• Chapter 2 Building America, One Person at a Time: Naturalization and Political Behavior of the Naturalized in Contemporary American Politics
      (pp. 67-106)
      Louis DeSipio

      Naturalization and the rights of the naturalized have become fodder for the national political debate in a way that they had not for many years. In the 1996 presidential campaign, for example, the Republicans accused President Bill Clinton of spurring an increase in the numbers of newly naturalized citizens and allowing the naturalization of ineligible applicants in an effort to boost the Democratic vote. In another twist, the legality of some of the controversial funds collected by the Clinton campaign and the Democratic National Committee from “foreign” sources hinged on whether the immigrant contributors were U.S. citizens or permanent residents....


    • Chapter 3 Sea Change in the Civic Culture in the 1960s
      (pp. 109-142)
      Philip Gleason

      Writing in the still-placid 1950s of eighteenth-century conditions that set the stage for the American and French Revolutions, Robert R. Palmer describes a “revolutionary situation” in terms uncannily prophetic of what was to happen in the United States in the decade following the publication of his book. By a revolutionary situation he meant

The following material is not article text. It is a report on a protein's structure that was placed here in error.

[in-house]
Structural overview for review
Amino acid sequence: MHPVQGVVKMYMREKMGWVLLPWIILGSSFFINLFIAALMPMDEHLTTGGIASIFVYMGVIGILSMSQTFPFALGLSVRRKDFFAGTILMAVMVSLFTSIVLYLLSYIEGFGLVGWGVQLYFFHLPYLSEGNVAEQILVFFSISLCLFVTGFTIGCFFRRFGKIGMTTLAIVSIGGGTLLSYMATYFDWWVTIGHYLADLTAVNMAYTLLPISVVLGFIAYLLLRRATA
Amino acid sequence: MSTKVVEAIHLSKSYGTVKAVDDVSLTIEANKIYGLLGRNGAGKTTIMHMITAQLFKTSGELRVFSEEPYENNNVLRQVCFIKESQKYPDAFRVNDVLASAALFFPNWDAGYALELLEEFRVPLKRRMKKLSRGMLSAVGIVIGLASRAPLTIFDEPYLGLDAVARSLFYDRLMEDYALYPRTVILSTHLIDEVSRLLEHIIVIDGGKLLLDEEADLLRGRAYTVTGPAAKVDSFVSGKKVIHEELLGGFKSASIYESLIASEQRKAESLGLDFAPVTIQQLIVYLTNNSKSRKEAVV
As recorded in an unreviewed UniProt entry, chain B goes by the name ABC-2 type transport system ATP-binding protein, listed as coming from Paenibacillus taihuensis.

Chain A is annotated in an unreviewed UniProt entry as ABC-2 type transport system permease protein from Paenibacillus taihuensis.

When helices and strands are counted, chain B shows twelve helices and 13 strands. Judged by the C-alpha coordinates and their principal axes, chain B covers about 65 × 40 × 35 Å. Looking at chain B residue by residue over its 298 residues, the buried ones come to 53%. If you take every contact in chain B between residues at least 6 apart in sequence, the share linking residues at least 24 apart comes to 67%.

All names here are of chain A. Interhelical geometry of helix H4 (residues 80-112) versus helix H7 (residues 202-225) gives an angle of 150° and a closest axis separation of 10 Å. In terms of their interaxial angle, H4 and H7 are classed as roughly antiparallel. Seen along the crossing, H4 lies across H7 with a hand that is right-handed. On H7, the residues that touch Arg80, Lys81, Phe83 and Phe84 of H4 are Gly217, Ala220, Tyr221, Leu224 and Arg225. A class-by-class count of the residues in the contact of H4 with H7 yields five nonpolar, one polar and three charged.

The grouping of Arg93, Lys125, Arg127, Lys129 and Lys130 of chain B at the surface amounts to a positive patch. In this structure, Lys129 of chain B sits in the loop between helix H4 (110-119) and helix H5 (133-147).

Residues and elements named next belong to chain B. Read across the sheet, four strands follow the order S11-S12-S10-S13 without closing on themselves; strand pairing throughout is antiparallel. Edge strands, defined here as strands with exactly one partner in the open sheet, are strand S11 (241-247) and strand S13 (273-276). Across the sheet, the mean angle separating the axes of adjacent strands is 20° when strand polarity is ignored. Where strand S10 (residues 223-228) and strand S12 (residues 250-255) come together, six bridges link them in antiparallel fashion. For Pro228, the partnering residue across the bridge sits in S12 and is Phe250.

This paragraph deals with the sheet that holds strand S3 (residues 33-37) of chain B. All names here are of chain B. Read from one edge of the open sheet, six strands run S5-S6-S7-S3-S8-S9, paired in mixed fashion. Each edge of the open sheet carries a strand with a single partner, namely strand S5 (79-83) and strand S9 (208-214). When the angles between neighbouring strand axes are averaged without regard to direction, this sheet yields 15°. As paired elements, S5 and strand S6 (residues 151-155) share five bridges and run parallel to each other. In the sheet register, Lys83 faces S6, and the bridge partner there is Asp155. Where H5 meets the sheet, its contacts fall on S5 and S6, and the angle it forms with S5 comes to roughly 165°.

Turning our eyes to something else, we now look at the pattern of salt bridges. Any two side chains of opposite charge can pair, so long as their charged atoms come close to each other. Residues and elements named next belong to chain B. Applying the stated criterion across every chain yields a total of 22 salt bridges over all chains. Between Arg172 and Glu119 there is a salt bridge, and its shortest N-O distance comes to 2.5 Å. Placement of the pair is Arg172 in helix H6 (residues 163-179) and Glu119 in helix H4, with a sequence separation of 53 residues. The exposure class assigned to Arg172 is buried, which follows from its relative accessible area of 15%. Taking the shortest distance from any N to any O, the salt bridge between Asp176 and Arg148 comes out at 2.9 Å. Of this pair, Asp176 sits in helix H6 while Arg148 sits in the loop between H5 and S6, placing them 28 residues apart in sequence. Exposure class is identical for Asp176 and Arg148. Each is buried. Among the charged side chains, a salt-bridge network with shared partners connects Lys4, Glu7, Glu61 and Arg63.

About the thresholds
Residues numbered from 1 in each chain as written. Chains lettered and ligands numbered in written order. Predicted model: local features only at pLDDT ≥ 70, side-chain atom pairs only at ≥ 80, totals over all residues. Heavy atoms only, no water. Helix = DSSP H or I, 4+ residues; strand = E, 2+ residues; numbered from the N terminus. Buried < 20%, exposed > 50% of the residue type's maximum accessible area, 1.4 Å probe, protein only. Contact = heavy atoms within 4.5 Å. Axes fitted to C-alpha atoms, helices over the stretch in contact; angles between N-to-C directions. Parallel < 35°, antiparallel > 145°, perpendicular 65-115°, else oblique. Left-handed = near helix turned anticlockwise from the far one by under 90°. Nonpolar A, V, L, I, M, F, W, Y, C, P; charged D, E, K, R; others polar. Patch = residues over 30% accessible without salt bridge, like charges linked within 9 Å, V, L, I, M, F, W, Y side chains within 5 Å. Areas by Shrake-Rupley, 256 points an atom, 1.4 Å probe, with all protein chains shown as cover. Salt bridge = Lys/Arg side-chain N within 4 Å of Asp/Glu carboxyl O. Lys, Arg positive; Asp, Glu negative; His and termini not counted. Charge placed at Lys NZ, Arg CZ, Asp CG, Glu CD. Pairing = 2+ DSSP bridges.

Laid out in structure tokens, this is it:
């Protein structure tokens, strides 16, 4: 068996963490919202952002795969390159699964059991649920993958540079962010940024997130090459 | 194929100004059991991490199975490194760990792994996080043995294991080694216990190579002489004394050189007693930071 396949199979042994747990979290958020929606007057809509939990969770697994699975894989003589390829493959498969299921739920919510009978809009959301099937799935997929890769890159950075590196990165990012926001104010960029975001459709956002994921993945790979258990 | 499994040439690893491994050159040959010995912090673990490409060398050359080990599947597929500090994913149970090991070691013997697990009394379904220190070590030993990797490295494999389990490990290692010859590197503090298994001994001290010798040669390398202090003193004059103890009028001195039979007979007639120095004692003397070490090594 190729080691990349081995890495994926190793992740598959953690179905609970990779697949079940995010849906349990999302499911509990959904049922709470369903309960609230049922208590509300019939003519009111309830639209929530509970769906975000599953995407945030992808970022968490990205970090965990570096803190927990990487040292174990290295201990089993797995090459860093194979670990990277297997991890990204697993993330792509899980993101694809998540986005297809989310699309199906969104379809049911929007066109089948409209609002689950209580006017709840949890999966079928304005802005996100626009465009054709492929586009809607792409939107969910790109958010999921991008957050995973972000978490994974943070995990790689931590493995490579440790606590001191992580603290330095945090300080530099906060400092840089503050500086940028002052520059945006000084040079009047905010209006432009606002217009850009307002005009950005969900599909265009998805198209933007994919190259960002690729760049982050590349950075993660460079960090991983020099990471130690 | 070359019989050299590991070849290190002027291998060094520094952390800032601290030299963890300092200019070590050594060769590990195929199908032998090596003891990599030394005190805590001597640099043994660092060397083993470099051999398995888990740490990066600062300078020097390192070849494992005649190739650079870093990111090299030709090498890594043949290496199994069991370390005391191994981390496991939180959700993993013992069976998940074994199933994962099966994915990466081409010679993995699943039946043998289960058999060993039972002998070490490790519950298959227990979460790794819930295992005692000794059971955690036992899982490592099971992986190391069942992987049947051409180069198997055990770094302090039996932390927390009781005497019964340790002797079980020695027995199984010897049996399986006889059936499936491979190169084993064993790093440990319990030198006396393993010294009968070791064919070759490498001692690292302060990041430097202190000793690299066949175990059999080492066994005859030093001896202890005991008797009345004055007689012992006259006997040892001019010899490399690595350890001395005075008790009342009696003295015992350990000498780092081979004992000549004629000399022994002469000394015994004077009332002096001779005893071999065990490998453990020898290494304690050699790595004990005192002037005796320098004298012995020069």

one in which confidence in the justice or reasonableness of existing authority is undermined; where old loyalties fade, obligations are felt as impositions, laws seem arbitrary, and respect for superiors is felt as a form of humiliation; where existing sources of prestige seem undeserved, hitherto accepted forms...

    • Chapter 4 Making Americans: Immigration Meets Race
      (pp. 143-172)
      Desmond King